The European convention stressed the protection of the principal civil and political rights deemed necessary in a democratic society. It was structured to allow for additional rights to be included later through protocol agreement. The convention of 1950 and the first protocol of 1952 guaranteed fourteen rights and freedoms to all individuals within the jurisdiction of the signatory states.

The collective guarantee of civil and political rights embodied in the European Convention on Human Rights led to interest in economic and social rights. In 1954, the Council of Europe proposed the drafting of a social charter that would enunciate and guarantee these rights. The European Social Charter European Social Charter (1961) was signed on October 18, 1961, in Turin, Italy. The charter’s list of nineteen economic and social rights was designed to guide the policy of the Council of Europe in the social field and complement the European Convention on Human Rights.

To implement the provisions of the convention, the European Commission of Human Rights European Commission of Human Rights and the European Court of Human Rights European Court of Human Rights were established and headquartered in Strasbourg, France. An existing governmental organ of the Council of Europe, the Committee of Ministers, was also to play a part in the operation of the convention. The European commission consists of as many members as have ratified the convention and functions along the lines summarized in the Teitgen Report. Its role was to examine cases of human rights violations brought by one state against another.

In 1955, the commission instituted a more important and valuable procedure by granting the right to individuals to file direct complaints against governments, including their own. Allowing individuals the right to appeal to an international organ against governments was a remarkable innovation in international law, because it upheld the rights of individuals against those traditionally held by states.

Significance

There are limits to the impact made by the European Convention on Human Rights. As with any agreement, the convention’s effectiveness depends on the extent to which the contracting parties agree to abide by its provisions. The right of individuals to bring complaints before the European Commission was made conditional on the expressed acceptance of this procedure by the state concerned. Similarly, the ability to cite a state before the European Court was made conditional on that state’s agreement to accept the jurisdiction of the court. Not all the nations that ratified the convention accepted these specific procedures.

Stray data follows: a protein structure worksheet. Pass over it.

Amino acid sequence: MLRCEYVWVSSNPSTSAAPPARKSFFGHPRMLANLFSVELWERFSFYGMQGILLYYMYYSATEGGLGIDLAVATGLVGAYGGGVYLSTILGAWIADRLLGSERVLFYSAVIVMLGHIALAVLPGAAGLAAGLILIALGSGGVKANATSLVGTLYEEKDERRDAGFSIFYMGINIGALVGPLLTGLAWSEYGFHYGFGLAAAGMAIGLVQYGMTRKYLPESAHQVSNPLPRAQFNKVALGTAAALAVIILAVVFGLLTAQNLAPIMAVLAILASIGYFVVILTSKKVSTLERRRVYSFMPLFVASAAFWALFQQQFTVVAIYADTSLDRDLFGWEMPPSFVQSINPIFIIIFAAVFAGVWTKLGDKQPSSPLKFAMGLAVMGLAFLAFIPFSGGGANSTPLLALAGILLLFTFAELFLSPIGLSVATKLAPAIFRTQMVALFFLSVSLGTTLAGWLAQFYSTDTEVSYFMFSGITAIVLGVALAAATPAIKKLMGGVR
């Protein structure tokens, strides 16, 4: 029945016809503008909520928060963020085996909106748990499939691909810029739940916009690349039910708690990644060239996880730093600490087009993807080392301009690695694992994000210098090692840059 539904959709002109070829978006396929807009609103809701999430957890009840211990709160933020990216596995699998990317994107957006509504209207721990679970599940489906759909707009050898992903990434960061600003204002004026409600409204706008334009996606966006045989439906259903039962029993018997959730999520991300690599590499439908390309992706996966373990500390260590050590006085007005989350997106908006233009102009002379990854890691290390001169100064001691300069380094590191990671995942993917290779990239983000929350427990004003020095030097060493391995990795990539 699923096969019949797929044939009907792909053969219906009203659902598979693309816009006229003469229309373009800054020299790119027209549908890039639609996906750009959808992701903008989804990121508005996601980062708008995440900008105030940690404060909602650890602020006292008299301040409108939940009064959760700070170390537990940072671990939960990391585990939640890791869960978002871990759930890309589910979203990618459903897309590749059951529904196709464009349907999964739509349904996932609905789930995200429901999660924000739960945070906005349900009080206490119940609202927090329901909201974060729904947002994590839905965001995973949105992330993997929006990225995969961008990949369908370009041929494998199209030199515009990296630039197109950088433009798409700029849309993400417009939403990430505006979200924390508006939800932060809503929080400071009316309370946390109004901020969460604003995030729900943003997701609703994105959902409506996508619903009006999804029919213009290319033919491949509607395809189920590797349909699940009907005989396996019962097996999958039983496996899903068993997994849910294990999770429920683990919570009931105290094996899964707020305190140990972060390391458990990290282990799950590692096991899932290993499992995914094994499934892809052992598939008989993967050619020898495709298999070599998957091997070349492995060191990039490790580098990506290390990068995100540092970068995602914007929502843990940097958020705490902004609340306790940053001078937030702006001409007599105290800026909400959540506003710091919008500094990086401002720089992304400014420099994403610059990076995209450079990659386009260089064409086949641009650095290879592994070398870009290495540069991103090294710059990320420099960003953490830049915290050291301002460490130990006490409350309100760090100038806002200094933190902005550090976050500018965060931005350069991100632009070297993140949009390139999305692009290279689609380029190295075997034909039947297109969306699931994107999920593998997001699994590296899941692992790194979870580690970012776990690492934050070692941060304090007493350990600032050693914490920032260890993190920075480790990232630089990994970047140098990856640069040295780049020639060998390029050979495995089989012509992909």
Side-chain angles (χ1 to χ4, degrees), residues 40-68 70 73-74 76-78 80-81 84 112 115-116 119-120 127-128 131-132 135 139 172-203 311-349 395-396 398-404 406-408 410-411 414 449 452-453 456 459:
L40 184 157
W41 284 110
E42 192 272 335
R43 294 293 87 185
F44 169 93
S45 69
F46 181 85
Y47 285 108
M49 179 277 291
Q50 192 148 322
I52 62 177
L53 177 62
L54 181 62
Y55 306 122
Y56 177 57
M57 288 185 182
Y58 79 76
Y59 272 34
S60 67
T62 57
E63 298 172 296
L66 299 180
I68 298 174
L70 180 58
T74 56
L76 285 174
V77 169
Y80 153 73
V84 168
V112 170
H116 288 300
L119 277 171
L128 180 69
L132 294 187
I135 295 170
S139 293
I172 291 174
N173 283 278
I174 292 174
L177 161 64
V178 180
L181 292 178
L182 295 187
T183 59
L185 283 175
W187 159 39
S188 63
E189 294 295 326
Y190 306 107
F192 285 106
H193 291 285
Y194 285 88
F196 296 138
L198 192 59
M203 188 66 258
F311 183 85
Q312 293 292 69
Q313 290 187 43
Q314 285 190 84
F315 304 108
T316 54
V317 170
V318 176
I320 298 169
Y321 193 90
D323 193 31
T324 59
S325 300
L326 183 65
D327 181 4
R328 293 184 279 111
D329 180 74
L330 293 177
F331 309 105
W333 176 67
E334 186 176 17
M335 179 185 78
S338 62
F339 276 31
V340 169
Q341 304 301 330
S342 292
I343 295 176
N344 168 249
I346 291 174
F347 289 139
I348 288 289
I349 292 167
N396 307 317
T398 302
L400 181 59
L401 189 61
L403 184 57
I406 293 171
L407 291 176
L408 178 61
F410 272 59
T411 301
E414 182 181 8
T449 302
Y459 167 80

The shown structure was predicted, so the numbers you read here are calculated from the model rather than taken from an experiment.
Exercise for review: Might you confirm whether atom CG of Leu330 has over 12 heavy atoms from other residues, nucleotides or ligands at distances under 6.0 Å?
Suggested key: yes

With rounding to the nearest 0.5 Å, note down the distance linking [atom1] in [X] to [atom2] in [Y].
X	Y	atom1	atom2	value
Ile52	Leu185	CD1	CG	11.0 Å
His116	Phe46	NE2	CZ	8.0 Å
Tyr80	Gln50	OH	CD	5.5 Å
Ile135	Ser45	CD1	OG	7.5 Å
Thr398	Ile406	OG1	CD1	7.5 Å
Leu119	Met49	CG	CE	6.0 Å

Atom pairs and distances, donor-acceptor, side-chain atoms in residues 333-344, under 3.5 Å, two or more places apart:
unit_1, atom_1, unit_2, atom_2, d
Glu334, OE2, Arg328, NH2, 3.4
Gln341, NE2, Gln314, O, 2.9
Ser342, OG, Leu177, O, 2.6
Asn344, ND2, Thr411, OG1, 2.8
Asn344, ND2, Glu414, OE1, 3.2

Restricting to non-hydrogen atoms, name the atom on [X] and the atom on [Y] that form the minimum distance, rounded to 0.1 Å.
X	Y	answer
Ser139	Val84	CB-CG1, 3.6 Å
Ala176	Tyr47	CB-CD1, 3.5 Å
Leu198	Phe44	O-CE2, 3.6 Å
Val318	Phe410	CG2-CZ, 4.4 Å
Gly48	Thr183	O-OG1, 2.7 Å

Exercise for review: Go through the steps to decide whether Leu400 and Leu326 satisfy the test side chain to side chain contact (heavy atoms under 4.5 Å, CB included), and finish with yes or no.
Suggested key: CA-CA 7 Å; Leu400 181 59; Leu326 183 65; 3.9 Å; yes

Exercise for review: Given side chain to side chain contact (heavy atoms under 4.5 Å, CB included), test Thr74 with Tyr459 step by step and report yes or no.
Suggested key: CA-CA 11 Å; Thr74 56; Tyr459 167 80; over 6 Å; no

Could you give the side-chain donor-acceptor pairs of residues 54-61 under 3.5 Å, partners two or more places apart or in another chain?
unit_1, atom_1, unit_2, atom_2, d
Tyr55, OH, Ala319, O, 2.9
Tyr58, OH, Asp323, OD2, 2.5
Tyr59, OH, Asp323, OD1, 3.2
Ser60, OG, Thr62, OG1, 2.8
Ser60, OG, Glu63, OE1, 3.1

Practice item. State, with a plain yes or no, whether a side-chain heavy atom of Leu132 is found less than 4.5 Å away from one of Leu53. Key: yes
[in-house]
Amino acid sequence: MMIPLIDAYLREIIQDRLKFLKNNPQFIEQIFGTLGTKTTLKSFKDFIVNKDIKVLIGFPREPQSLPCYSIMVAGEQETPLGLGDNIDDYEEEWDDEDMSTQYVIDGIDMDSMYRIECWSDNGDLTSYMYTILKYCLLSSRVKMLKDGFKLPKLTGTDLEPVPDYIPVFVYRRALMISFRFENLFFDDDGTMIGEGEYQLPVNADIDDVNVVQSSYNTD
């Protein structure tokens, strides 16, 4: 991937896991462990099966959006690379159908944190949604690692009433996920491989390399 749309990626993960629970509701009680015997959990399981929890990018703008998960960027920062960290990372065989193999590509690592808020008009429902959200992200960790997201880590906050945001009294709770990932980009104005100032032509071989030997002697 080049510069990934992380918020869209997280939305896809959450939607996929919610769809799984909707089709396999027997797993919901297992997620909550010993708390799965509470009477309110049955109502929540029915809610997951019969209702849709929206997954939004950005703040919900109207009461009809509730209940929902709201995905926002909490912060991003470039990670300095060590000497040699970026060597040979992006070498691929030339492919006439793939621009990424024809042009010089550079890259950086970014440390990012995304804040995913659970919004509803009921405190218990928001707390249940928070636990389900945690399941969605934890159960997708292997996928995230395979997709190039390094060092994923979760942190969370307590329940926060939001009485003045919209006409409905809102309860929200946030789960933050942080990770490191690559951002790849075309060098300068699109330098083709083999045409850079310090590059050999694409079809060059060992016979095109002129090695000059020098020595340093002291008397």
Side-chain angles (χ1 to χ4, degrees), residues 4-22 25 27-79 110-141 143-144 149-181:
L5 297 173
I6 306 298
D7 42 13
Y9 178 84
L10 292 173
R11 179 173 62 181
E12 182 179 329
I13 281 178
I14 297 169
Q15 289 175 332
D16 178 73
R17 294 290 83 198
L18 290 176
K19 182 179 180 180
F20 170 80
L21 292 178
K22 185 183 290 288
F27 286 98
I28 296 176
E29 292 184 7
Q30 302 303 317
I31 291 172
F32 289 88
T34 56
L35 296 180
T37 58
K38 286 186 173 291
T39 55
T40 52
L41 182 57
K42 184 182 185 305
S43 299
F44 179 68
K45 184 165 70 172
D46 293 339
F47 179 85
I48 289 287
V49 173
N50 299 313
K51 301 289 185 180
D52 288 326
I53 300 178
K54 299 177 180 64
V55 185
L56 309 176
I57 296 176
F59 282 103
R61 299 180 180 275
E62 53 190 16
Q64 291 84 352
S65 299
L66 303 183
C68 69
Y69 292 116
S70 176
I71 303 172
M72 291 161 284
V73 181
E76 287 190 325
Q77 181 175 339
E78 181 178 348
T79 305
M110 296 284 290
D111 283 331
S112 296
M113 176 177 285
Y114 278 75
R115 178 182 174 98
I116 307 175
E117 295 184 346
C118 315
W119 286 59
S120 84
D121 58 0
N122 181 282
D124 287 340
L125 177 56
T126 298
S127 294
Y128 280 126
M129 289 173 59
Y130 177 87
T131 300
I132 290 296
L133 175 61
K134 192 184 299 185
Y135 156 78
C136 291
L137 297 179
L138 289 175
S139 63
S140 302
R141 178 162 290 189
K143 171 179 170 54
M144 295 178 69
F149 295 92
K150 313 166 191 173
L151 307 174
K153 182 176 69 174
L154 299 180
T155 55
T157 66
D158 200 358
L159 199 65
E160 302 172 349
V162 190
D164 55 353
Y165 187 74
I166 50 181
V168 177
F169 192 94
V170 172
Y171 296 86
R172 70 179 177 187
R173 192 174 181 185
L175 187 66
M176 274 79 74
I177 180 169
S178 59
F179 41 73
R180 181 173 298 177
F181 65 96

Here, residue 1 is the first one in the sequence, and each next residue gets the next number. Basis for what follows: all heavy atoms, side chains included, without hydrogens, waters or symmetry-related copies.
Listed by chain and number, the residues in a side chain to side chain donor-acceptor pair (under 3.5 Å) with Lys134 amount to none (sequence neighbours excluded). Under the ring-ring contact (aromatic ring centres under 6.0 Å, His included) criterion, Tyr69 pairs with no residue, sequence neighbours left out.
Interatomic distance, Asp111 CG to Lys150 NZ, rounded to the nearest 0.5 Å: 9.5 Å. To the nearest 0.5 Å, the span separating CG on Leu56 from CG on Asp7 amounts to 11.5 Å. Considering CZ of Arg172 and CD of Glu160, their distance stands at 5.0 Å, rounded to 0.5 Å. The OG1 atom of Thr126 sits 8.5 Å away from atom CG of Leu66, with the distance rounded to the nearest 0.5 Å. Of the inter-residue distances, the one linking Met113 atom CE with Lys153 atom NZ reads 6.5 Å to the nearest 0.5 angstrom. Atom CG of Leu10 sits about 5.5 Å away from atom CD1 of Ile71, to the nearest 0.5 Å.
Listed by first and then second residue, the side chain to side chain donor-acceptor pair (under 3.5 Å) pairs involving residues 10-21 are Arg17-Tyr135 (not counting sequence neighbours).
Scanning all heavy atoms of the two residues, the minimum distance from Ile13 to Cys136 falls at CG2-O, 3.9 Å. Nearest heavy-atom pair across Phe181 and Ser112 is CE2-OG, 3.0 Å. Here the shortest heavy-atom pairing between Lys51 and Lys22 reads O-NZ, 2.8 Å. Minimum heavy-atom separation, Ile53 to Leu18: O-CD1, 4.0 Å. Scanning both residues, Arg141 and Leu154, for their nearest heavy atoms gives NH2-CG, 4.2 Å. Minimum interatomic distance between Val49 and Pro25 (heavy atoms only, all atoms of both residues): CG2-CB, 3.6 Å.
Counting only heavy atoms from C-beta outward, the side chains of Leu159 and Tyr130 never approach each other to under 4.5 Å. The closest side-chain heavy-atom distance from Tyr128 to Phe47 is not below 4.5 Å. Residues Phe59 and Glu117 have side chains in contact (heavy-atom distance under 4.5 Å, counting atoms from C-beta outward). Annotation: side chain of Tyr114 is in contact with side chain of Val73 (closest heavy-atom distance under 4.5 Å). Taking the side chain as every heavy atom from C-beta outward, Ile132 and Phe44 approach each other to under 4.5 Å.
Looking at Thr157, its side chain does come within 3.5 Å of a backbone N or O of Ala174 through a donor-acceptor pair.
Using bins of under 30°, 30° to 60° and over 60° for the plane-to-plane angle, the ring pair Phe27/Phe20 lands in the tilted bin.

Moreover, the European Convention protects only a limited number of rights and freedoms, to the exclusion of other rights not guaranteed expressly. The convention can come into effect only after it has been judged that all domestic remedies have been exhausted. For all these reasons, 85 to 90 percent of all complaints submitted are ruled inadmissible. Those that are admissible face a slow-moving bureaucratic process in the commission and court that can take up to five years to reach a conclusion.

Despite these shortcomings, the European Convention has had an important impact on human rights in Europe. The most striking and innovative feature of the convention is the new status it accorded to the individual in international law. Classic international law regulated relations between states and bestowed no rights on the private citizen. The convention’s granting of the right of individual petition first to the European commission and, since the 1997 elimination of the commission, directly to the European court itself, set an important precedent in international law upholding the rights of private citizens against those of the state.

The European convention implies also a measure of international control over the actions of national governments. The European Commission and Court of Human Rights had, and the court still has, the competence to examine and judge the activities of states that adhere to the convention. This European arrangement contrasts with the United Nations charter, which prohibits the United Nations from intervening in the domestic affairs of any state, although many U.N. human rights instruments contain provisions or protocols for individual complaints.

The European convention has had an important impact on the national courts of certain states that have ratified the convention. Nations such as Belgium, Austria, and the Netherlands apply the provisions of a treaty directly to their domestic law. Thus, the rights guaranteed by the European convention may be invoked by litigants in these states, and they may be held to prevail over any national laws and administrative decisions that contradict the convention.